- Skin biopsy:
- A small skin sample taken under local anesthesia aids in the diagnosis of psoriasis.
- When examined closely under a microscope, it can help determine the type of psoriasis.
Stages of psoriasis
Doctors may stage psoriasis based on the results of diagnostic tests. Psoriasis is rarely staged and is instead classified based on the severity of the condition. The total body surface area affected by psoriasis determines its severity.
Certain factors such as redness, scaling, and skin thickness are considered when categorizing it.
- Mild psoriasis: Psoriasis is considered mild when it affects less than three percent of the total body surface area.
- Moderate psoriasis: Moderate psoriasis is defined as affecting 3 to 10 percent of the total body surface area.
- Severe psoriasis: More than 10 percent of the total body surface is affected by severe psoriasis.
What are the treatment options for psoriasis?
Despite a wide range of treatment options, psoriasis can be difficult to manage. Treatments are determined by the type of psoriasis, severity, and affected areas of skin.
- Topical therapies:
- Topical moisturizing creams and ointments are the first lines of treatment for mild to moderate localized disease, and they can help with itching and scaling.
- Scalp lesions are treated with medicated shampoos, foams, or solutions.
- Topical corticosteroids:
- They are used as first-line therapy for plaques and lesions that have proven resistant to other treatments.
- Low-potency steroids can be used on the face and intertriginous areas (such as armpits, under the breasts, and between buttocks), whereas higher-potency steroids, should be reserved for the scalp and thick plaques on extensor surfaces.
- However, steroid cream resistance can develop quickly, and withdrawal may result in disease exacerbation. Long-term or excessive use can cause skin thinning, bruising, and systemic side effects.
- Vitamin D analogs (calcipotriene):
- They can be used alone or in combination with topical steroids to slow keratin growth, flatten lesions, and remove scales.
- It slows skin cell proliferation by inhibiting deoxyribonucleic acid synthesis.
- A retinoid slows skin cell proliferation, but it can cause skin irritation and is not recommended for pregnant or planning to become pregnant women.
- Short contact therapy (20 minutes) followed by washing is as effective as and more tolerable than traditional tazarotene therapy.
- It can be used on its own or in conjunction with topical steroids.
- Coal tar:
- It is probably the oldest known treatment and is generally used to reduce scalp inflammation, itching, and scaling.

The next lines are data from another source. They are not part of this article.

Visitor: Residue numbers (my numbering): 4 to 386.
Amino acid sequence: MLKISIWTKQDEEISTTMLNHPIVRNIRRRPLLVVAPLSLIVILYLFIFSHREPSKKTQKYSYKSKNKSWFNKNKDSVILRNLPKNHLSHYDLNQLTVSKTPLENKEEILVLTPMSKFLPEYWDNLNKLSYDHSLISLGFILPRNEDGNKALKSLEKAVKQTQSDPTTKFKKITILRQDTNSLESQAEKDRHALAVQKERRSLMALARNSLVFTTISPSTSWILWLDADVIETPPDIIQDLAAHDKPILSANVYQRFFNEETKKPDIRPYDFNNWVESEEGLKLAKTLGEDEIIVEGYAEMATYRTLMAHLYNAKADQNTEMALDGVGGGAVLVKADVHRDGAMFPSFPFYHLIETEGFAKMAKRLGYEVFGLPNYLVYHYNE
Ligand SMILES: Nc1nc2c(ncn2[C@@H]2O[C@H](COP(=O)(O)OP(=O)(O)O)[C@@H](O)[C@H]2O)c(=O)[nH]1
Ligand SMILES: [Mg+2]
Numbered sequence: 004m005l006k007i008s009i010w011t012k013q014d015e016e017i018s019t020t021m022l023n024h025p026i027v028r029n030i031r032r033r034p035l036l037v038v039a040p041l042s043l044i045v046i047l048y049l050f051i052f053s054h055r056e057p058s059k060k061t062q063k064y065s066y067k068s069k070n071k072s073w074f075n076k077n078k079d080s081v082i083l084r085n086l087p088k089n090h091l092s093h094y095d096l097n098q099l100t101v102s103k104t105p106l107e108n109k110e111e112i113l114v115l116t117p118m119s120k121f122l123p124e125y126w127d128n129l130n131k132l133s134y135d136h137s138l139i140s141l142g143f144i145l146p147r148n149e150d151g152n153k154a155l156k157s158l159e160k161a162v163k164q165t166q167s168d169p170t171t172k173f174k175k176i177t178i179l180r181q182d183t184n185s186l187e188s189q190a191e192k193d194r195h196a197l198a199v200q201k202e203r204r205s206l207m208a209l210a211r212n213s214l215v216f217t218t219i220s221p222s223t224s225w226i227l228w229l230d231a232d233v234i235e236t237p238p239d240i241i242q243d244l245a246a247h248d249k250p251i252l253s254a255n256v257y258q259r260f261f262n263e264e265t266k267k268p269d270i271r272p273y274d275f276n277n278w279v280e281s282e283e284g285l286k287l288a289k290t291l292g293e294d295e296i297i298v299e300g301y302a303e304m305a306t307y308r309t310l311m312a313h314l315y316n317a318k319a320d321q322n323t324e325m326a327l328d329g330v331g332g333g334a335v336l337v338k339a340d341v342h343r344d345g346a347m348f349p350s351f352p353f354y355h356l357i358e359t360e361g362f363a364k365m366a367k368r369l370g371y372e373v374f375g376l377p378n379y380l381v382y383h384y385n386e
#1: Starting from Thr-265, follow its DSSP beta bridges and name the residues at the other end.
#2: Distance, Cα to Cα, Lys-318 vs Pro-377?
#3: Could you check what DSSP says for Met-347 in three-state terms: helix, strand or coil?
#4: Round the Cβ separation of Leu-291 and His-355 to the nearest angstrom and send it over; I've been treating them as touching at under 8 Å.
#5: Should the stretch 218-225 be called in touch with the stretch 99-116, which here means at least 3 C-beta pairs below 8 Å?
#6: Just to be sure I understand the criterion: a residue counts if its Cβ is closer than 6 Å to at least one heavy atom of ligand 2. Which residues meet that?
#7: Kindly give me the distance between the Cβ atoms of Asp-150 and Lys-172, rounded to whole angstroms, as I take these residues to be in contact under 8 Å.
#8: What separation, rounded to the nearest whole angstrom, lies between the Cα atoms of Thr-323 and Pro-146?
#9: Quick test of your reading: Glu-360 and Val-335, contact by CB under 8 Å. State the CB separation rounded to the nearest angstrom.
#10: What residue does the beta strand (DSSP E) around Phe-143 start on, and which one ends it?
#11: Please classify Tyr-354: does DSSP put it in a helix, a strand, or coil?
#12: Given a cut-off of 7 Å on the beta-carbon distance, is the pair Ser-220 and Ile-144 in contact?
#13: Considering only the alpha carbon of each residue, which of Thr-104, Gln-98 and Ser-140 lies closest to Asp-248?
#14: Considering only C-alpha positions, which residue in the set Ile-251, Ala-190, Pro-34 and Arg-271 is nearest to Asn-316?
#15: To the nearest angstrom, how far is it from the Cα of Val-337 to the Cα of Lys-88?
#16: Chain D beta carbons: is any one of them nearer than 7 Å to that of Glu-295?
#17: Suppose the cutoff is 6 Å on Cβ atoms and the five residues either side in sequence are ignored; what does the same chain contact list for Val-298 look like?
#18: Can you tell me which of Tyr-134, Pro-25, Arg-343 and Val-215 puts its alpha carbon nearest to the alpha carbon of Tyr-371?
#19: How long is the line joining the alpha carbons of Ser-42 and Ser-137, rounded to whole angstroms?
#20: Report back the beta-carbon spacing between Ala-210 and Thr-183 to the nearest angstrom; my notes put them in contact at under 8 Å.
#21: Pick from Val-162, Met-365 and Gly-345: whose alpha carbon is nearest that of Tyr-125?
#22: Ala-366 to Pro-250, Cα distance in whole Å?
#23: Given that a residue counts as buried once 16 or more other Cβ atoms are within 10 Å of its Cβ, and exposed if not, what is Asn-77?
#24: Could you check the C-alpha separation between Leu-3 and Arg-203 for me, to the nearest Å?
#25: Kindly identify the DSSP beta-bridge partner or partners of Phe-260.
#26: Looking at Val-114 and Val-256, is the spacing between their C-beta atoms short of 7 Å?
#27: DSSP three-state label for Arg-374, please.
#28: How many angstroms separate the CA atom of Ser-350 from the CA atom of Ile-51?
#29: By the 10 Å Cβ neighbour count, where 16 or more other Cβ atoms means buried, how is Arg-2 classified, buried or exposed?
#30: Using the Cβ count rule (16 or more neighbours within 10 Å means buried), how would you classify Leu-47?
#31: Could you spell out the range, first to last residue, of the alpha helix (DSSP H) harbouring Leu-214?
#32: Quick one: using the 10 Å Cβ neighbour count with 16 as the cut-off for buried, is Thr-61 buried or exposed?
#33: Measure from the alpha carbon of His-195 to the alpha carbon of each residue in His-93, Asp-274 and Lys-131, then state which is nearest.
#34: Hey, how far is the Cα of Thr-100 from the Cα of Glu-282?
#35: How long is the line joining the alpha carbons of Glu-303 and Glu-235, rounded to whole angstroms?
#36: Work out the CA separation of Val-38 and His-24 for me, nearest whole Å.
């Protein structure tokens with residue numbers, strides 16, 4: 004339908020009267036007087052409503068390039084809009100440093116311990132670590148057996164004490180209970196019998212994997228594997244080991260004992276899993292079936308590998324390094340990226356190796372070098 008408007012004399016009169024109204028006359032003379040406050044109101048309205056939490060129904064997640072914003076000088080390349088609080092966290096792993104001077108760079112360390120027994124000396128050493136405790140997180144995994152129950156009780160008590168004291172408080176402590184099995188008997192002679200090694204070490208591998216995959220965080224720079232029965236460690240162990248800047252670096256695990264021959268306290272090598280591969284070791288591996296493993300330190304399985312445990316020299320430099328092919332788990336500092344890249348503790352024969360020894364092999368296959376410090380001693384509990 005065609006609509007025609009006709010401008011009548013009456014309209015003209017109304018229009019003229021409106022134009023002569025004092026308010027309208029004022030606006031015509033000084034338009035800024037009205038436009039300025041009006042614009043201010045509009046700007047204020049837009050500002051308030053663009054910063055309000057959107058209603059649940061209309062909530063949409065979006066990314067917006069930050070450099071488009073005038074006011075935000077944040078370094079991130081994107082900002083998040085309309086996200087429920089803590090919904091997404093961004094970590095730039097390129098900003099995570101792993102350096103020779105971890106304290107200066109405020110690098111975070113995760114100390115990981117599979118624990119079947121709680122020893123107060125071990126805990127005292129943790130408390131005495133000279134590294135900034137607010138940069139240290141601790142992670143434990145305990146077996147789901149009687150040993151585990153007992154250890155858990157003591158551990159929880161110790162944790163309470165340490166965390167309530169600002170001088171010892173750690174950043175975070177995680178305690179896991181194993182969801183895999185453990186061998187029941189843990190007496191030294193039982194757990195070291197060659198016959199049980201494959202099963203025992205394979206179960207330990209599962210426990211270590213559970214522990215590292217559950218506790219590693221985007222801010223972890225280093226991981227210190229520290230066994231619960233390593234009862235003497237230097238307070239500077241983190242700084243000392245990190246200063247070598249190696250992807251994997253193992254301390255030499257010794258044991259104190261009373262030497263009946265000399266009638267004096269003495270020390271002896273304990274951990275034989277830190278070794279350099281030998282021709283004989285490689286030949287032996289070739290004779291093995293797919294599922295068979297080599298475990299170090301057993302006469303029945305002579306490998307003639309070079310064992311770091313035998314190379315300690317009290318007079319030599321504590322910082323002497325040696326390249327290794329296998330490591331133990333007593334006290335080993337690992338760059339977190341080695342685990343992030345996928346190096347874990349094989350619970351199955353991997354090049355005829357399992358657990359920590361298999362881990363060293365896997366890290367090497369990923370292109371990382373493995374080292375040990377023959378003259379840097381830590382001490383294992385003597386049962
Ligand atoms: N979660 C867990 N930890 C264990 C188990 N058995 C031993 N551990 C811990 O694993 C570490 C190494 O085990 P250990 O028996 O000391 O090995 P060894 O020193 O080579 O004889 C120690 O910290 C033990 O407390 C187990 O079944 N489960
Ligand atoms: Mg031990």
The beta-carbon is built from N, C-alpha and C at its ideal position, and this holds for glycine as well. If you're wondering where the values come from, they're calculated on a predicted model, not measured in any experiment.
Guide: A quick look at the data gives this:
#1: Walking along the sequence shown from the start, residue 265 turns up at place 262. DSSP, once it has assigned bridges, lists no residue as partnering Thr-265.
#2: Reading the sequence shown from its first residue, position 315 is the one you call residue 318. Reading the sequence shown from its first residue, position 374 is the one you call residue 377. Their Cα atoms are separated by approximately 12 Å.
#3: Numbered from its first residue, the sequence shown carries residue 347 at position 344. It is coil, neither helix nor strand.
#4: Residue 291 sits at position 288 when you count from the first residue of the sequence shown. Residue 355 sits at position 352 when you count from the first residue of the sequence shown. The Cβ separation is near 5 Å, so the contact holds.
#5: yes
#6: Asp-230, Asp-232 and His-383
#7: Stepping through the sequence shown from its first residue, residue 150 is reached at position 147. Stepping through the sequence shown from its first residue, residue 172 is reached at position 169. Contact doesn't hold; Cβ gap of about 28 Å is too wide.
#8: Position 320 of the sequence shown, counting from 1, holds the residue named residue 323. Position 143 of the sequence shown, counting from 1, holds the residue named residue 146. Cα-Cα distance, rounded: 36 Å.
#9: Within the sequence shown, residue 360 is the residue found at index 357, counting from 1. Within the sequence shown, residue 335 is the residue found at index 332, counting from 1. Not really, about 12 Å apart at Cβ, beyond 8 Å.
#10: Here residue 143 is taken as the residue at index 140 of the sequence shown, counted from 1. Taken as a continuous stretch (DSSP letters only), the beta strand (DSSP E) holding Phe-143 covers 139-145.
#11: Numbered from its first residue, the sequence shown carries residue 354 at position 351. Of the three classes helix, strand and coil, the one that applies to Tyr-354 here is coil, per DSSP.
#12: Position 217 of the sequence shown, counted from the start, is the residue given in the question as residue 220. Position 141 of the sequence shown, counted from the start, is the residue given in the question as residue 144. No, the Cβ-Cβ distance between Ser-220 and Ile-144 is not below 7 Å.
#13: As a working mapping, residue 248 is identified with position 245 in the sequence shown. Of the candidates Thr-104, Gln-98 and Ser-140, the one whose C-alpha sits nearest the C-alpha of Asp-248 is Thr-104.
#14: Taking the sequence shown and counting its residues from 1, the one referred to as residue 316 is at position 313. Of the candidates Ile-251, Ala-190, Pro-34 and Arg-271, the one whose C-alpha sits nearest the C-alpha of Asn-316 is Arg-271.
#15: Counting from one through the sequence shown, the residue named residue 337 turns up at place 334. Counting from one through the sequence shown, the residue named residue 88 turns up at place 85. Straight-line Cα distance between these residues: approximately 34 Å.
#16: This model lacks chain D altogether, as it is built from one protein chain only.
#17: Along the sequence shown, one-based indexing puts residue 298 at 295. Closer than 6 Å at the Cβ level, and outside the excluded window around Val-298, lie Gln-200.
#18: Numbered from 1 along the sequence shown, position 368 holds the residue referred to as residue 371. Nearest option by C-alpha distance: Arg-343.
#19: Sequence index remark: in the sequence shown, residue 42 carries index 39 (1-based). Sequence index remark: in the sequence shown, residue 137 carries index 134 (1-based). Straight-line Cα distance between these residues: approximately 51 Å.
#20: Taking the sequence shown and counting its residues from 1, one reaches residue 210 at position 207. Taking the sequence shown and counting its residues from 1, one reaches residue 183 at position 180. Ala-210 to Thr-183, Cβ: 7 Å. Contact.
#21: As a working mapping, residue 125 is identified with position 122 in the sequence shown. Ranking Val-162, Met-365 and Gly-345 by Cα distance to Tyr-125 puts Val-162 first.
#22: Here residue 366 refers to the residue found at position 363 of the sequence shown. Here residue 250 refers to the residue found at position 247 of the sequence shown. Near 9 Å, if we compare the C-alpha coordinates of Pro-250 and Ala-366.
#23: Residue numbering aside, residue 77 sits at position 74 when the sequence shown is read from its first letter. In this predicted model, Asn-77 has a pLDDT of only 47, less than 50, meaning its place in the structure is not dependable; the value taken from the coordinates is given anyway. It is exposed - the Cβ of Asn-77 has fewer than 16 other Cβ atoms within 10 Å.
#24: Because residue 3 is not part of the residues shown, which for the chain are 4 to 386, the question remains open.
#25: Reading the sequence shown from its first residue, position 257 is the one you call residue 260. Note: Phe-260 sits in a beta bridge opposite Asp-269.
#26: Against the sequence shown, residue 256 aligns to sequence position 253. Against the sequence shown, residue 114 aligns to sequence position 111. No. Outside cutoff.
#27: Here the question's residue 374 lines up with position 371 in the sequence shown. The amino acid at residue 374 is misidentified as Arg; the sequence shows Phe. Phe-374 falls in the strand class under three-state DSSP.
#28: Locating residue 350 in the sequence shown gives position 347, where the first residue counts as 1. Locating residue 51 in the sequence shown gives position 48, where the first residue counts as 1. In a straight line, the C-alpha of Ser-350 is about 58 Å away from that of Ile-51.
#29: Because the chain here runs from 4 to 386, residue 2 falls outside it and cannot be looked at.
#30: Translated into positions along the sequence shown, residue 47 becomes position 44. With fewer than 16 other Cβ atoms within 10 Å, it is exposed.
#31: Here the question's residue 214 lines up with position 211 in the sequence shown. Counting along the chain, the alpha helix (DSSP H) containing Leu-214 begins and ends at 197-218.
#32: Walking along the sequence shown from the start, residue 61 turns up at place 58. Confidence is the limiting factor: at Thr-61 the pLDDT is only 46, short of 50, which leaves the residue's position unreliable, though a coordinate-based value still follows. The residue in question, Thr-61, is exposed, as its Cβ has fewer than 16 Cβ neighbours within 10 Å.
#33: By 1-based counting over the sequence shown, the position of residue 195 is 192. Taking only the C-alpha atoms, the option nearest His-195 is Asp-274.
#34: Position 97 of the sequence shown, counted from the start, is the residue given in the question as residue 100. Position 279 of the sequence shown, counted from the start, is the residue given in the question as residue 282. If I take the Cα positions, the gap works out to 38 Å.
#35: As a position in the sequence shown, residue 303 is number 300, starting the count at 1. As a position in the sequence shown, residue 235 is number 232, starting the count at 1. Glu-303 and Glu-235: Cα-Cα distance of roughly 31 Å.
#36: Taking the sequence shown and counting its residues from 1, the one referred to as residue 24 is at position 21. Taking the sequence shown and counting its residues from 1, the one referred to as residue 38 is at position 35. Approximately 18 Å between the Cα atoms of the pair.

- It is available as shampoo and can be combined with steroid creams or ointments.
- Some formulations may be just as effective as vitamin D analogs.
- Topical calcineurin inhibitors (tacrolimus and pimecrolimus):
- The U.S. Food and Drug Administration (FDA) has not approved them for psoriasis, and they have not been proven effective for plaque psoriasis, but they may be used off label for psoriasis that affects the face and intertriginous areas, where they may be effective and allow people to avoid chronic corticosteroid use.
- Although no definitive cause and effect relationship has been established, the FDA issued a warning about a possible link between these medications and cases of lymphoma and skin cancer in children and adults.
- It is known to be beneficial and is used in the treatment of moderate-to-severe psoriasis (where more than 5 to 10 percent of the body surface area is affected) or severe psoriasis.
- Natural sunlight (lesions usually improve during the summer), ultraviolet B radiation, and psoralen plus ultraviolet A radiation are more common options.
- Treatment with a high-energy excimer laser is effective and safe for treating localized psoriasis while requiring fewer office visits and sparing uninvolved skin.
- To improve efficacy, phototherapy can be combined with other treatments.
- Phototherapy may increase the risk of skin cancer.
- Systemic therapy:
- People with moderate-to-severe, severe or treatment-resistant psoriasis, as well as those with psoriatic arthritis, may require this treatment.
- These can have serious side effects and are not recommended for pregnant women.
- Immunomodulatory medications are frequently used to treat psoriatic arthritis, particularly in severe and refractory cases.
- Psychological approaches may be valuable in individuals with psoriasis:
- Stress appears to impair lesion clearance in phototherapy-treated people and plays an important role in the onset, exacerbation, and prolongation of psoriasis.
- Some evidence suggests that hypnosis and cognitive-behavioral stress management programs can reduce the severity of symptoms.
- Virtual communities allow psoriasis people to communicate through the internet to support one another and gain access to educational resources.
- Nonsteroidal anti-inflammatory drugs (NSAIDs):
- Psoriatic arthritis is sometimes treated with NSAIDs, which can help reduce inflammatory symptoms although there is some evidence that NSAIDs may exacerbate skin lesions.
- When NSAIDs are insufficient, disease-modifying antirheumatic drugs are required.
Current data show that vitamin D deficiency is common in people with psoriasis, but large randomized controlled trials are needed to confirm if correcting deficiency results in a statistically significant clinical improvement after controlling for confounding factors such as body mass index.
A better understanding of vitamin D receptor polymorphisms may help us understand differential treatment responsiveness and even allow for the development of new treatments that correct the abnormal protein transcription caused by defective receptors.
Health Solutions From Our Sponsors
Vitamin D and its role in psoriasis: An overview of the dermatologist and nutritionist: https://www.ncbi.nlm.nih.gov/pmc/articles/PMC5486909/
Causes and Triggers: https://www.psoriasis.org/causes/